Real-time high resolution tracking of coral and oyster larvae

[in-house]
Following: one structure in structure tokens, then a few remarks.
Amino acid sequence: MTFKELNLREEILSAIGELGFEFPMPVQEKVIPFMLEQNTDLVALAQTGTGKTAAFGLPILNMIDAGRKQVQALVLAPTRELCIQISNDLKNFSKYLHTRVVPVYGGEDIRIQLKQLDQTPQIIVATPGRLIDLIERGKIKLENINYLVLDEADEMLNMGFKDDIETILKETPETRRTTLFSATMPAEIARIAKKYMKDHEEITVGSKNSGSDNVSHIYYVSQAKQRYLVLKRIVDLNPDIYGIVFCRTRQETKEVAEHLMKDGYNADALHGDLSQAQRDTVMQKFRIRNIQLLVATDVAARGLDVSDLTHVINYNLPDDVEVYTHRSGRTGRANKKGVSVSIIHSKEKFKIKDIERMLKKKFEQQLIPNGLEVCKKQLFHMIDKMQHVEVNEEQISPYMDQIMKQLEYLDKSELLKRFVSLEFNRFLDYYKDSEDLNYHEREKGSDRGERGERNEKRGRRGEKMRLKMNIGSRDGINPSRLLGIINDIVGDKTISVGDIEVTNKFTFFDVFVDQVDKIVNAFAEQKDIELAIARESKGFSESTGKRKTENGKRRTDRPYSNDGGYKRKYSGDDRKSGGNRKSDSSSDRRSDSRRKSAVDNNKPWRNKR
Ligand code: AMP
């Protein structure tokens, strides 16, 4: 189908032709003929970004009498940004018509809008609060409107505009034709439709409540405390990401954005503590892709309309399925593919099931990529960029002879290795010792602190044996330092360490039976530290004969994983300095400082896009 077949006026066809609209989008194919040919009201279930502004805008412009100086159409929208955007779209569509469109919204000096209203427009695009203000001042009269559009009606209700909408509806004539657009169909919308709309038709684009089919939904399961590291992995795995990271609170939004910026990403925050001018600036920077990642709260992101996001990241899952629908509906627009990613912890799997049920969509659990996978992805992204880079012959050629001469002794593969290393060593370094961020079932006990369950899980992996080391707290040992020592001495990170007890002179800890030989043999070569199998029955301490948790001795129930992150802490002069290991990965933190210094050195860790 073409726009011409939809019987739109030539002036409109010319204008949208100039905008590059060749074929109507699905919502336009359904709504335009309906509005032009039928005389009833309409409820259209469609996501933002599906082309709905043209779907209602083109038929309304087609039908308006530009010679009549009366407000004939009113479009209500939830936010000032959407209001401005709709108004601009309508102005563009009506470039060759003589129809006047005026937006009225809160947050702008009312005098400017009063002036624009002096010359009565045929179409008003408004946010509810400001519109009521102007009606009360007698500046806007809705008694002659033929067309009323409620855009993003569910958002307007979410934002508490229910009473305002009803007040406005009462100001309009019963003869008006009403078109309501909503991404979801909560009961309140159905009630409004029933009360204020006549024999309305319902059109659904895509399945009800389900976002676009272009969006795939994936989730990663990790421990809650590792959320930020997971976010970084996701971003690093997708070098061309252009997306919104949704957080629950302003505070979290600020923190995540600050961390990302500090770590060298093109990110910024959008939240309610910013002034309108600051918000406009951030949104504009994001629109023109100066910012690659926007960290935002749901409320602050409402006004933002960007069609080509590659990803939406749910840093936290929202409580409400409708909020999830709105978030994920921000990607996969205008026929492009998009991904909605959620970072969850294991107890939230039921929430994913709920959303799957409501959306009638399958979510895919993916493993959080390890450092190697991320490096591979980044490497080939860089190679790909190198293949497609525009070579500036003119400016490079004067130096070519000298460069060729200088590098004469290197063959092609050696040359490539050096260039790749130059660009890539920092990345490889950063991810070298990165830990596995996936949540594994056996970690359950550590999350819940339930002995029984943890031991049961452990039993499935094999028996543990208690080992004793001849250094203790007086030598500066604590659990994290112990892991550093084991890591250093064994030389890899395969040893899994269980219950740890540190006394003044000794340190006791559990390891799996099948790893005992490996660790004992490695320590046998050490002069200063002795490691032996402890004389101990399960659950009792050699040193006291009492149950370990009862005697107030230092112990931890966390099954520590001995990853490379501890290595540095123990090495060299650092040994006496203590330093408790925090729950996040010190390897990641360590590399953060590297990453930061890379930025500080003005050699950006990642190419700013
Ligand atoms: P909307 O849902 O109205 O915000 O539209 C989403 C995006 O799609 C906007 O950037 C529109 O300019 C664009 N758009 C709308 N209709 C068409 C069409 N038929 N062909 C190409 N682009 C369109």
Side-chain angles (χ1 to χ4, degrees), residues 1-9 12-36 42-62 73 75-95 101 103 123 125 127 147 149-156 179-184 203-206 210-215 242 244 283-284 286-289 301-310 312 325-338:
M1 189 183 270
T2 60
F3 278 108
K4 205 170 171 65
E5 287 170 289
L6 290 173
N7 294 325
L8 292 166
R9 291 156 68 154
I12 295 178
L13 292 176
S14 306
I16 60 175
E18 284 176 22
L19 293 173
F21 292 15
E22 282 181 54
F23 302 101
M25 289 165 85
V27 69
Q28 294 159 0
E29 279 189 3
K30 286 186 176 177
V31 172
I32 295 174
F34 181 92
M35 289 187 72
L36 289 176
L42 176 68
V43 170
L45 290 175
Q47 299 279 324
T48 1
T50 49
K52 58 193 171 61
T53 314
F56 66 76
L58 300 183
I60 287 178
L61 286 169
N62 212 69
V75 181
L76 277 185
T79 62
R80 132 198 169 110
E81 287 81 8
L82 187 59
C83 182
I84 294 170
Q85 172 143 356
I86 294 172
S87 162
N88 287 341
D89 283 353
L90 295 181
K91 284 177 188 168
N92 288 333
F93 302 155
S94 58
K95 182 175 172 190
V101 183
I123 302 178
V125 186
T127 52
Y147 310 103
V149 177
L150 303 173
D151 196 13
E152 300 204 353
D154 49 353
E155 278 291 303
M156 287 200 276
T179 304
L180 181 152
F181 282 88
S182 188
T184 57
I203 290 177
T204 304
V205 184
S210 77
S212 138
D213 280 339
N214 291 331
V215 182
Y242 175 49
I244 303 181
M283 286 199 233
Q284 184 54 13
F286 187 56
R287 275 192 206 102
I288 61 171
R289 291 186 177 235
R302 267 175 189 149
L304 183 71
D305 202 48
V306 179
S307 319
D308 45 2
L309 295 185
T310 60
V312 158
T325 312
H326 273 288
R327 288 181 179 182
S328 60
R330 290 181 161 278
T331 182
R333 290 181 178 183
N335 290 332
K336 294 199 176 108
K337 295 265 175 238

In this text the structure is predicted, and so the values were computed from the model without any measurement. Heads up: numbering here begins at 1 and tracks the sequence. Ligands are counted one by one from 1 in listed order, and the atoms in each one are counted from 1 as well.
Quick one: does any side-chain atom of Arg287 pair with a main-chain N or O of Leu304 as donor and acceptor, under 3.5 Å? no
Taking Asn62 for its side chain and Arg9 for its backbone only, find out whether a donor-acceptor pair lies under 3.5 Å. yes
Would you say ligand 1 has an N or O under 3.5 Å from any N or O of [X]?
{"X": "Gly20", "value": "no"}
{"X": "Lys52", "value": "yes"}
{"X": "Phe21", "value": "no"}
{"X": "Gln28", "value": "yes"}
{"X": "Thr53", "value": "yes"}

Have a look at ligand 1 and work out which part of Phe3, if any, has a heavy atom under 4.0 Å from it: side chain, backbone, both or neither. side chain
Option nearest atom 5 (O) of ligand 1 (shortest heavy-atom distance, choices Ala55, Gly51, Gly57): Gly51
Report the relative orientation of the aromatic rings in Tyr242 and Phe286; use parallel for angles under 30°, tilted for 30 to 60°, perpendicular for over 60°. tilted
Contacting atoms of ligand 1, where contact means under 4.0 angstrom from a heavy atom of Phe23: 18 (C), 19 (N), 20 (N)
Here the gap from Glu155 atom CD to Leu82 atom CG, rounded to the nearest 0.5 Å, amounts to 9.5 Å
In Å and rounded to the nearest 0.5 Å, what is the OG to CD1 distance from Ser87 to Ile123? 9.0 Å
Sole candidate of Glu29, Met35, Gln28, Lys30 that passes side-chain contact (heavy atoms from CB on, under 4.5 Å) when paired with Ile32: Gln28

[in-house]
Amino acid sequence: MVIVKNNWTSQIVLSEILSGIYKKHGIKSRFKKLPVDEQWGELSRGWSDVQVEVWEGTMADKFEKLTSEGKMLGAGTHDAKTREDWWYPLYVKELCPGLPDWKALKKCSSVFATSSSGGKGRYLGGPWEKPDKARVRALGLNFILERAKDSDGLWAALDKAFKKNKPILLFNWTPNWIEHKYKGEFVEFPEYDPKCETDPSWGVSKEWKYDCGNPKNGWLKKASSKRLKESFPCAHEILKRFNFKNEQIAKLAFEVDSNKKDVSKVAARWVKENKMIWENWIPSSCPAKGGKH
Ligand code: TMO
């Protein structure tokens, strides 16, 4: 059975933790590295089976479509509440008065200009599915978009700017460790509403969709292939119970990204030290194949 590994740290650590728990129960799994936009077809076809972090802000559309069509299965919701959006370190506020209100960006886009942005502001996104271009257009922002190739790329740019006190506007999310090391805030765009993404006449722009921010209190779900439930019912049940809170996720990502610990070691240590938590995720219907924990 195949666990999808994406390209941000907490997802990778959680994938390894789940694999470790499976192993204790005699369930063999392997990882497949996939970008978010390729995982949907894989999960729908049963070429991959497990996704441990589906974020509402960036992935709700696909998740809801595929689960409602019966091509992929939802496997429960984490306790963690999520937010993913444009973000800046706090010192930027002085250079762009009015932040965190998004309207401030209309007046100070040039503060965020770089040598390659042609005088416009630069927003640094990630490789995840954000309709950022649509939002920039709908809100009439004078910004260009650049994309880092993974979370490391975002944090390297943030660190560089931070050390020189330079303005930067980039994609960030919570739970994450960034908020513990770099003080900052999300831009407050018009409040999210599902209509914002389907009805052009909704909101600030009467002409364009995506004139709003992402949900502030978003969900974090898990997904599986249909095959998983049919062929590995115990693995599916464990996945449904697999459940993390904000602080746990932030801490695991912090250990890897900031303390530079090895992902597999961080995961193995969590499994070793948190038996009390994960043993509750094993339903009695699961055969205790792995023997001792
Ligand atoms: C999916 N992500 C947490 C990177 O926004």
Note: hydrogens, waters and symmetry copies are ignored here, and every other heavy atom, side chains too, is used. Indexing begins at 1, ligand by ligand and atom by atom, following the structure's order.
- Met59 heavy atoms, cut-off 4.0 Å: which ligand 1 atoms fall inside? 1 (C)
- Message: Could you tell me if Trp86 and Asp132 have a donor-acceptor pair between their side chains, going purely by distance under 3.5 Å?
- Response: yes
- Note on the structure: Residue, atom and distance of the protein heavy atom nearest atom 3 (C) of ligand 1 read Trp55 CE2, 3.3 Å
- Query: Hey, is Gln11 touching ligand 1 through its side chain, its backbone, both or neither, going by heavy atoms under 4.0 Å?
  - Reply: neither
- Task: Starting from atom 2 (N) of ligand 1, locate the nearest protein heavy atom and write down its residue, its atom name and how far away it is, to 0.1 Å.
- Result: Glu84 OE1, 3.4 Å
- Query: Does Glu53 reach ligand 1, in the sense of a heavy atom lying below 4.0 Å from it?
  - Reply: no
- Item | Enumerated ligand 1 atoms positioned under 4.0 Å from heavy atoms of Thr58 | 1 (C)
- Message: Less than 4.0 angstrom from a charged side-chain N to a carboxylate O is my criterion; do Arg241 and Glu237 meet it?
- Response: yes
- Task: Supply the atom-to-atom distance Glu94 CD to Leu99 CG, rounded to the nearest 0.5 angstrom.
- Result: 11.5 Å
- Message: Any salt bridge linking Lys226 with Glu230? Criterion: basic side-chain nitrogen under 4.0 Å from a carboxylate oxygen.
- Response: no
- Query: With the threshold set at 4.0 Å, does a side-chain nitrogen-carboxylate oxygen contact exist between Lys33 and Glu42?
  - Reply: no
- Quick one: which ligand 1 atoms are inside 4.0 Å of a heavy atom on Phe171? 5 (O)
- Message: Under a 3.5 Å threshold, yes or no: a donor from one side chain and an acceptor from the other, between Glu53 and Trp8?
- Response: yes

ABSTRACT Coral and oyster reefs have declined greatly due to anthropogenic stressors. Low recruitment rates from larvae hamper recovery of these important ecosystems. Although much is known about factors affecting larval settlement, a detailed understanding of their swimming and substrate selection behaviour is lacking. Here, we present an approach to study coral and oyster larval behaviour in unprecedented detail, using a high resolution camera, choice chambers and behavourial analysis software. From second-by-second spatial data, we extracted variables such as swimming pattern, swimming speed and distance travelled using larvae between 0.2 and 3 mm in length. We applied this to larvae of the Caribbean brooding coral Favia fragum and show they locate their major settlement cue, coralline algae, within 90 min when placed in a choice chamber. Oyster (Ostrea edulis) larvae exhibited reduced swimming speed with age, suggesting pre-settlement behaviour. With the presented real-time high resolution tracking approach we can address new questions related to the behaviour of coral, oyster and other marine larvae, with applications in ecology, aquaculture and coastal engineering. Most notable is future development of “flypaper” substrates with cues to promote larval settlement on reefs, to aid restoration efforts.